Clear communication is desired, but it remains complex to some. Instead of hanging on to confusing or hidden thoughts that create more misunderstanding and hurt, we can learn to be more effective in expressing ourselves, especially when we have opposing views, or admitting we are wrong.

As we become more familiar with our partners, we start to believe that “they should know” what our needs and preferences are. While this may be sometimes true, it can be damaging when taken to the extreme, i.e. expecting that your partner knows EVERY need and feeling of yours. Do your tastes remain the same over the years, or even months? Can you like something yet choose not to not have it today? If so, you can start to see how crucial it is to learn how to communicate – constantly and clearly.

Be intentionally compassionate/gracious

do you still say thank you in your relationship?

This might be unexpected, since you already ‘love’ your partner… but as you become more familiar and comfortable with him/her, certain things also become invisible or feel unnecessary. For example, how able are you to slow down and be present with your partner when they need to process their thoughts and feelings?

What about the day-to-day; do you say thank you when your partner tidies the house or washes the dishes? Are you still grateful for the roles your partner plays in your life… and do you still make it known to them?

What are some of the things that have become invisible to you, as you got more comfortable with this person? Chances are, they’ll include some things that you can do to set a more compassionate / gracious mood in your relationship. Without this, a mood of resentment can set in, and start other forms of decay.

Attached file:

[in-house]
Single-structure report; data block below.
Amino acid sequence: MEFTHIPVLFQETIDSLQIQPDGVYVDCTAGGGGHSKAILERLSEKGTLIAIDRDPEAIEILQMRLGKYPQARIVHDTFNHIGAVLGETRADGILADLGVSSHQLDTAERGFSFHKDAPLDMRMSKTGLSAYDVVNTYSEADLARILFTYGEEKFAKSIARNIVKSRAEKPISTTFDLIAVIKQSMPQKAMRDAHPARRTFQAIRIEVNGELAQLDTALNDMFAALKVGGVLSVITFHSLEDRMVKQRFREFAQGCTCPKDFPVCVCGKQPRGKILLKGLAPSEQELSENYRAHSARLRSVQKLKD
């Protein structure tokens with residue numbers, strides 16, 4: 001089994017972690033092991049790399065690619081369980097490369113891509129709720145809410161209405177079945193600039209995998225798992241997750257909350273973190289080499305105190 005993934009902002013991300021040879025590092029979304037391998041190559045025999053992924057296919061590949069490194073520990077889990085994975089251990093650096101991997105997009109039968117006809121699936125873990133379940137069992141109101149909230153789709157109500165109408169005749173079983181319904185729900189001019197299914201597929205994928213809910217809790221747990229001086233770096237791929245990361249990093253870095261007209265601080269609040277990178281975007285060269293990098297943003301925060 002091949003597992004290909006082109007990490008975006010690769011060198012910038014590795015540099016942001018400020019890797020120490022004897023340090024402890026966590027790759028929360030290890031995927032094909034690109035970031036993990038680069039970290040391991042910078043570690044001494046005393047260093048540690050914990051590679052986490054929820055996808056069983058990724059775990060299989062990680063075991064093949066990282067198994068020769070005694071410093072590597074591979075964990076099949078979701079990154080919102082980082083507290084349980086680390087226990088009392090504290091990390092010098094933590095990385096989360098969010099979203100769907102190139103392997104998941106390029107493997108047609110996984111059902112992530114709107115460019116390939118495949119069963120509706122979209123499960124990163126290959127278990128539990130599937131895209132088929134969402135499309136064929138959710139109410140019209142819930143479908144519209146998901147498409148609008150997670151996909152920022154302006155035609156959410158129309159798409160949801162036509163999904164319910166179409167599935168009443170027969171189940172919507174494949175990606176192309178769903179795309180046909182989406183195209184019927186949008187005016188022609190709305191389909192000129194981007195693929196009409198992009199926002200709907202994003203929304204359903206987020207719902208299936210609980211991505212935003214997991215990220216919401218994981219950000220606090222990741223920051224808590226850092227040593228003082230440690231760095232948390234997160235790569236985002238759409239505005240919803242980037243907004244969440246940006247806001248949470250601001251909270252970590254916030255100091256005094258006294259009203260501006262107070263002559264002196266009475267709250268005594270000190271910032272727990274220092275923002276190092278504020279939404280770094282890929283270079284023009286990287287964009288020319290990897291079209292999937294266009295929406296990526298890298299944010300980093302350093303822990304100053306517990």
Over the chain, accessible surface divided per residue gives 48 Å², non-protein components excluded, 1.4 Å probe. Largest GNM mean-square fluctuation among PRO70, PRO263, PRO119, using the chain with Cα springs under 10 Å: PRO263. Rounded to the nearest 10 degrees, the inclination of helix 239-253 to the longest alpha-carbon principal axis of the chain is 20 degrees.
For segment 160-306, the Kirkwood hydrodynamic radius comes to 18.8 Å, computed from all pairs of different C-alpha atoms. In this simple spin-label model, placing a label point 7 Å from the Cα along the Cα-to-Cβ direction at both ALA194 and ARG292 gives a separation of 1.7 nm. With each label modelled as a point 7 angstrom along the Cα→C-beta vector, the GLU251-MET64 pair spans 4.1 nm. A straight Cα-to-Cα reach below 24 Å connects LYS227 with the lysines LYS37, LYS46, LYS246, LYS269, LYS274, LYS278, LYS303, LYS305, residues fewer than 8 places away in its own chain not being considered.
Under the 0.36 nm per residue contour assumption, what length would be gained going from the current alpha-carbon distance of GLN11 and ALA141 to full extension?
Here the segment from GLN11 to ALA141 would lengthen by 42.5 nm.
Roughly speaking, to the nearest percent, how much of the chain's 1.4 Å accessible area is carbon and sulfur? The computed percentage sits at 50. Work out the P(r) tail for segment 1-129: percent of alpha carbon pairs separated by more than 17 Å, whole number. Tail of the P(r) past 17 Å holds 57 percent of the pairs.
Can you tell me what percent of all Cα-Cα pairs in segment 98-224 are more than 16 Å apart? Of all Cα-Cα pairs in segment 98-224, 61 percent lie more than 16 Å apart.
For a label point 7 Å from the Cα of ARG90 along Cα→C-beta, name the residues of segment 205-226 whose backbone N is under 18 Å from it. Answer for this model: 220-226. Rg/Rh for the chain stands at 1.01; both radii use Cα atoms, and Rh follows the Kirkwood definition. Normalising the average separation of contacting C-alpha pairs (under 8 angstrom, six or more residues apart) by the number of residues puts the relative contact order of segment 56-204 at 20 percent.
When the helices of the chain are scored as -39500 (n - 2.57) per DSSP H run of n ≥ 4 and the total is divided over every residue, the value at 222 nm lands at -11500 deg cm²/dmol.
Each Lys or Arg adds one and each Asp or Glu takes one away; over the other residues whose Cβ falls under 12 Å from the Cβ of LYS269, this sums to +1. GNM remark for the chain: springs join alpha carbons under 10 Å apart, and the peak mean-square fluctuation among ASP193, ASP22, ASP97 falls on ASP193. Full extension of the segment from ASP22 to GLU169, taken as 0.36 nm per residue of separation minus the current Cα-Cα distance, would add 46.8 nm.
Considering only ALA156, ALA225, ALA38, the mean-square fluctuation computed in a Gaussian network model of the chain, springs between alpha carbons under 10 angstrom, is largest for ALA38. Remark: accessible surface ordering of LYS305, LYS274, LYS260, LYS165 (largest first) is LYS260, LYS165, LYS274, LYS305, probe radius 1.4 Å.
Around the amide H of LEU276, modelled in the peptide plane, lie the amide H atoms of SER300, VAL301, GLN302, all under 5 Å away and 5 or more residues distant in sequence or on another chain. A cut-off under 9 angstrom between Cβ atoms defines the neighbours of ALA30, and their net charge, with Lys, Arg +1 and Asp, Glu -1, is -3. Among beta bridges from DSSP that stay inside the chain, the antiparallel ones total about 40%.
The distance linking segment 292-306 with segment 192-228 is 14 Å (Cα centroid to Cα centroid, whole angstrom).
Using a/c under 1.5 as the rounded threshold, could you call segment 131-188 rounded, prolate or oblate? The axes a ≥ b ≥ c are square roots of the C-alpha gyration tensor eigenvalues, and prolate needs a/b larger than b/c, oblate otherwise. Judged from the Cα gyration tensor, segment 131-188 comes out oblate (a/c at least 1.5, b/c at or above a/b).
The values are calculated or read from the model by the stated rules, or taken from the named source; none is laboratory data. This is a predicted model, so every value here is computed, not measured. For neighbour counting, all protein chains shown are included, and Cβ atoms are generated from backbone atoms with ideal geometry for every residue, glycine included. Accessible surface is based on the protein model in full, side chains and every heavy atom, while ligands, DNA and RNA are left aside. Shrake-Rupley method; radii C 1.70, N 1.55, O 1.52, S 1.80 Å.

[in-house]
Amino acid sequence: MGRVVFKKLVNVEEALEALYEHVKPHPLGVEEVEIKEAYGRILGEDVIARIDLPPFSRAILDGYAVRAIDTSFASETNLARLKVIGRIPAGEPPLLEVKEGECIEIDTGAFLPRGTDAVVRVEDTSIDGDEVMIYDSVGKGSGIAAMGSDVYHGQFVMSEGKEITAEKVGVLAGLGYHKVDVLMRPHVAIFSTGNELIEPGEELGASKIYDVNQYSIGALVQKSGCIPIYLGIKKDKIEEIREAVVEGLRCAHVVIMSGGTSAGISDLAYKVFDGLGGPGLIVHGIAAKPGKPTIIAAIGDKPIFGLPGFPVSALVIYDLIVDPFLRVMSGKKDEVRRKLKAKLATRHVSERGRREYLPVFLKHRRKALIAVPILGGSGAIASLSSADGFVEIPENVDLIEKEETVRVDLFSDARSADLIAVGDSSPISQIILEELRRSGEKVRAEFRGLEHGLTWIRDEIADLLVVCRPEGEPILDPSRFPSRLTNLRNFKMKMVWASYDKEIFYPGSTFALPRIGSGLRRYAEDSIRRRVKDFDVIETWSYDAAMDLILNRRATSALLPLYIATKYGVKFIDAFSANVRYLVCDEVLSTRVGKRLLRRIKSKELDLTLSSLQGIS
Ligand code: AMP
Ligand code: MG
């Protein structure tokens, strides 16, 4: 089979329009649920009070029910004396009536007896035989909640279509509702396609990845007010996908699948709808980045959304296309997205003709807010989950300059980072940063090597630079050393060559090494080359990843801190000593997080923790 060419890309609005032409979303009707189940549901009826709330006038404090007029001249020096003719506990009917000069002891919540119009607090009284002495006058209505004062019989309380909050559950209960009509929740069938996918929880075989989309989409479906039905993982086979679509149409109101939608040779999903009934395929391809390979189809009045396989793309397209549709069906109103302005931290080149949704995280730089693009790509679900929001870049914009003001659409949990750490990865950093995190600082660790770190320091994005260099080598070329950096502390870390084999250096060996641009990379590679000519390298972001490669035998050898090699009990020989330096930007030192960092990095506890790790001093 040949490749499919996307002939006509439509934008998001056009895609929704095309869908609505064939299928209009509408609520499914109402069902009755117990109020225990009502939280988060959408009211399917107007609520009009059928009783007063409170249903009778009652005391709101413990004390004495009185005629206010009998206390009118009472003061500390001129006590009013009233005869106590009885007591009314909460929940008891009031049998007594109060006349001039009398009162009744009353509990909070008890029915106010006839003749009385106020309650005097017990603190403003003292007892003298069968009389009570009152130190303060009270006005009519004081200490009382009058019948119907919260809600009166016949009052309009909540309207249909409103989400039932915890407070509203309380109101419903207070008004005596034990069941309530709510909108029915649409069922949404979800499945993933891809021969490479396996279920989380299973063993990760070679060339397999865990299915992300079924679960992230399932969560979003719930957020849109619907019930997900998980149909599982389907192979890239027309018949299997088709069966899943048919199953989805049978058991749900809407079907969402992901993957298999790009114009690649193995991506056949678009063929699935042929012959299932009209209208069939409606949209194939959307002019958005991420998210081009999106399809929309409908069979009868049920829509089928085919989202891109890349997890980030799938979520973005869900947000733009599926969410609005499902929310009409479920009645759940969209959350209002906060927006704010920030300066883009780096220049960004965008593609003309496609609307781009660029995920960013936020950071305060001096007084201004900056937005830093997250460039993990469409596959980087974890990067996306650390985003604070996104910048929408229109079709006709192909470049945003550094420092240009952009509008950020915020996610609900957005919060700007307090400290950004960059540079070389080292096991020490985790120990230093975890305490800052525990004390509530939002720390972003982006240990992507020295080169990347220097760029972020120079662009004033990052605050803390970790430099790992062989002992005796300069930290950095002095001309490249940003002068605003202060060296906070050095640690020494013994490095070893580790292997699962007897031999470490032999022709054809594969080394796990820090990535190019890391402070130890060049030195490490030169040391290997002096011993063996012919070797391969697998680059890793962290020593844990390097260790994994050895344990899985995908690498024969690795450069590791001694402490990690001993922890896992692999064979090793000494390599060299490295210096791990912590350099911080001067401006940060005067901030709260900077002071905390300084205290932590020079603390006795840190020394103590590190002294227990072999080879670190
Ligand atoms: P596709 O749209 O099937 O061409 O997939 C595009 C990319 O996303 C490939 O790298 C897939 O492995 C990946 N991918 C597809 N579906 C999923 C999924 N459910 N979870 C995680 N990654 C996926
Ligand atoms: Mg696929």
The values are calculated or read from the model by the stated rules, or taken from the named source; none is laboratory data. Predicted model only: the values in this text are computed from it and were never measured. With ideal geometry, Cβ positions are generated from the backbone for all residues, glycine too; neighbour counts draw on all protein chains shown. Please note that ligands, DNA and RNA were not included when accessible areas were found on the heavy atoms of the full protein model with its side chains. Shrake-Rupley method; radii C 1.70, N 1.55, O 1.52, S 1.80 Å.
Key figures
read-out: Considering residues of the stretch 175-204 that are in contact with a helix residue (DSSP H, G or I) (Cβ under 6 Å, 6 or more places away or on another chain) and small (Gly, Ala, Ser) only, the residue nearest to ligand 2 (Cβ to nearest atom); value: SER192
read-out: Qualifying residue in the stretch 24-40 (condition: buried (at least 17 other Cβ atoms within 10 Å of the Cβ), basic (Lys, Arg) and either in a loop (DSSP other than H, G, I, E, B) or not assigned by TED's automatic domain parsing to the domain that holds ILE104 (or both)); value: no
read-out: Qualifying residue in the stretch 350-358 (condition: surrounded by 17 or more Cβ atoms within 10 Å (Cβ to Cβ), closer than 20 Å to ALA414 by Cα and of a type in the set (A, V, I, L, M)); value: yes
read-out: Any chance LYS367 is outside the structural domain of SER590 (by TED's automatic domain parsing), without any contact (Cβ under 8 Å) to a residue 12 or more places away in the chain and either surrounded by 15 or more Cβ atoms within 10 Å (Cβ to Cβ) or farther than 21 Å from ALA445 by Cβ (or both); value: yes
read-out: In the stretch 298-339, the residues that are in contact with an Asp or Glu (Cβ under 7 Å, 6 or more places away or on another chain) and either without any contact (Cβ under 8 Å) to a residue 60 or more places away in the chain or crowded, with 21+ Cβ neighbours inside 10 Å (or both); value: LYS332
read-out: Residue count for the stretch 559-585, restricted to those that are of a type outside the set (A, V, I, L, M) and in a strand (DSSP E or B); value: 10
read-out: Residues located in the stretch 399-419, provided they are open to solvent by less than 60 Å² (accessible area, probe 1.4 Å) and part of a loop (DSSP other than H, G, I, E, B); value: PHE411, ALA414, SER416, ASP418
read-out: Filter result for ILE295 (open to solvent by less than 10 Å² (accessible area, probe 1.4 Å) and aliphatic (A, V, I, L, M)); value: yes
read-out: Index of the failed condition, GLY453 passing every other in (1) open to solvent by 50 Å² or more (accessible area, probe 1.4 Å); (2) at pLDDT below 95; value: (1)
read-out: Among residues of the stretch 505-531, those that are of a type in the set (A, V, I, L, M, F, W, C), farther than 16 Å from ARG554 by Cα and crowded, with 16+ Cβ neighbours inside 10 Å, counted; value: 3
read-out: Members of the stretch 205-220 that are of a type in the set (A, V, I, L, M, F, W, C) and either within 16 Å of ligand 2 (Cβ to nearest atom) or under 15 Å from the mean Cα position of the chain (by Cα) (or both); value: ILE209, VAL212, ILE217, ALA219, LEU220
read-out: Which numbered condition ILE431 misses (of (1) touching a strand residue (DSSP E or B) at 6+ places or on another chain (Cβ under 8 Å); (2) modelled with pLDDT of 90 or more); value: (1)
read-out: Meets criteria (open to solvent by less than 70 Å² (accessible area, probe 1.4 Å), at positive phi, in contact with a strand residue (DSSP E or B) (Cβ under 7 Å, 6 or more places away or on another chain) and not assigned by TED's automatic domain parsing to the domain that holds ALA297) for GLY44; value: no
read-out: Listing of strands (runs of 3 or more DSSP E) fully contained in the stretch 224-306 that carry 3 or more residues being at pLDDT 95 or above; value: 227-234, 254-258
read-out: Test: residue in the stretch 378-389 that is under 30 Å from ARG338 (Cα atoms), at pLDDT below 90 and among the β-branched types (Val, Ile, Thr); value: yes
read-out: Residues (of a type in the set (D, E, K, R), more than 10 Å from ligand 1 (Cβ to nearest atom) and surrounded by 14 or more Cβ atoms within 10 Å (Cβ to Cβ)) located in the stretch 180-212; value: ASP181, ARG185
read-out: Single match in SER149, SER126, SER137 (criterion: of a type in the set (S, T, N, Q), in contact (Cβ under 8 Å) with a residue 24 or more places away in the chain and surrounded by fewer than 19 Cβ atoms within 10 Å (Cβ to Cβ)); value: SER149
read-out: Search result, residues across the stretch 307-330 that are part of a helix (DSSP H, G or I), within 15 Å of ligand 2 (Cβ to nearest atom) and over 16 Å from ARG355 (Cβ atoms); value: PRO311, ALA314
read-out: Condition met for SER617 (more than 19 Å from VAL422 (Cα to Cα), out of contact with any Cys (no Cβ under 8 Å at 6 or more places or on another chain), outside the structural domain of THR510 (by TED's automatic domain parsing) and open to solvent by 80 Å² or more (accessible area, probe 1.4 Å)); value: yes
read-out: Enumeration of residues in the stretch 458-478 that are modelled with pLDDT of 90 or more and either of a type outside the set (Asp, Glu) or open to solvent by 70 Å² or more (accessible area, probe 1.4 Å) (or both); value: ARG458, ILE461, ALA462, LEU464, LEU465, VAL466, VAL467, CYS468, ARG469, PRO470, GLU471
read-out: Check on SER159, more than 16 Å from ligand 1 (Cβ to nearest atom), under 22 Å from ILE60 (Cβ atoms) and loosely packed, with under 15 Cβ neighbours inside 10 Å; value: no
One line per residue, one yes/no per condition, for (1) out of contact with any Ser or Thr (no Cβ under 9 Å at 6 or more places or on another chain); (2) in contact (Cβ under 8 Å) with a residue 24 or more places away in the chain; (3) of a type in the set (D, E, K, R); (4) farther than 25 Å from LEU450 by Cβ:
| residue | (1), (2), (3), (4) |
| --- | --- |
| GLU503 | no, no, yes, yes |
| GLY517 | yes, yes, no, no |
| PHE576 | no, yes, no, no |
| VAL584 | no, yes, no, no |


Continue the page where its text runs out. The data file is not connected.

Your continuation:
Additionally, as every relationship progresses, it sees its fair share of broken promises and hurt, unintentional or otherwise. This, offering grace is also a prominent piece of work that I support many clients on. It is not easy, but usually, things can shift the moment forgiveness becomes an intention.

Strengthen or restore your sense of Self.

restore your self worth and self esteem through coaching

Sad to say, I meet quite a number of people who gave themselves totally to the partner… emotionally, physically and even financially. Most of the time, the commitment (while sincere) is premature and therefore highly damaging when the relationship doesn’t go the way they thought it would.

The core of their identity is shaken as they come face to face with the question, “If I don’t have you, who am I?” This is can be a very low, dark place for some, and yes, they sometimes decide to stay there for awhile. But if you choose not to, and are ready to climb out, I can support you to reconnect with your sense of Self – esteem, confidence, worth, love – and move on to a healthier, more fulfilling life.

Grieve if you need to; it’ll help you realize what’s truly important. Yes, trepidation and dread will likely be frequent visitors that come with your decision to take better care of yourself, regardless of how the relationship turns out.

But you need not embark on this healing journey alone.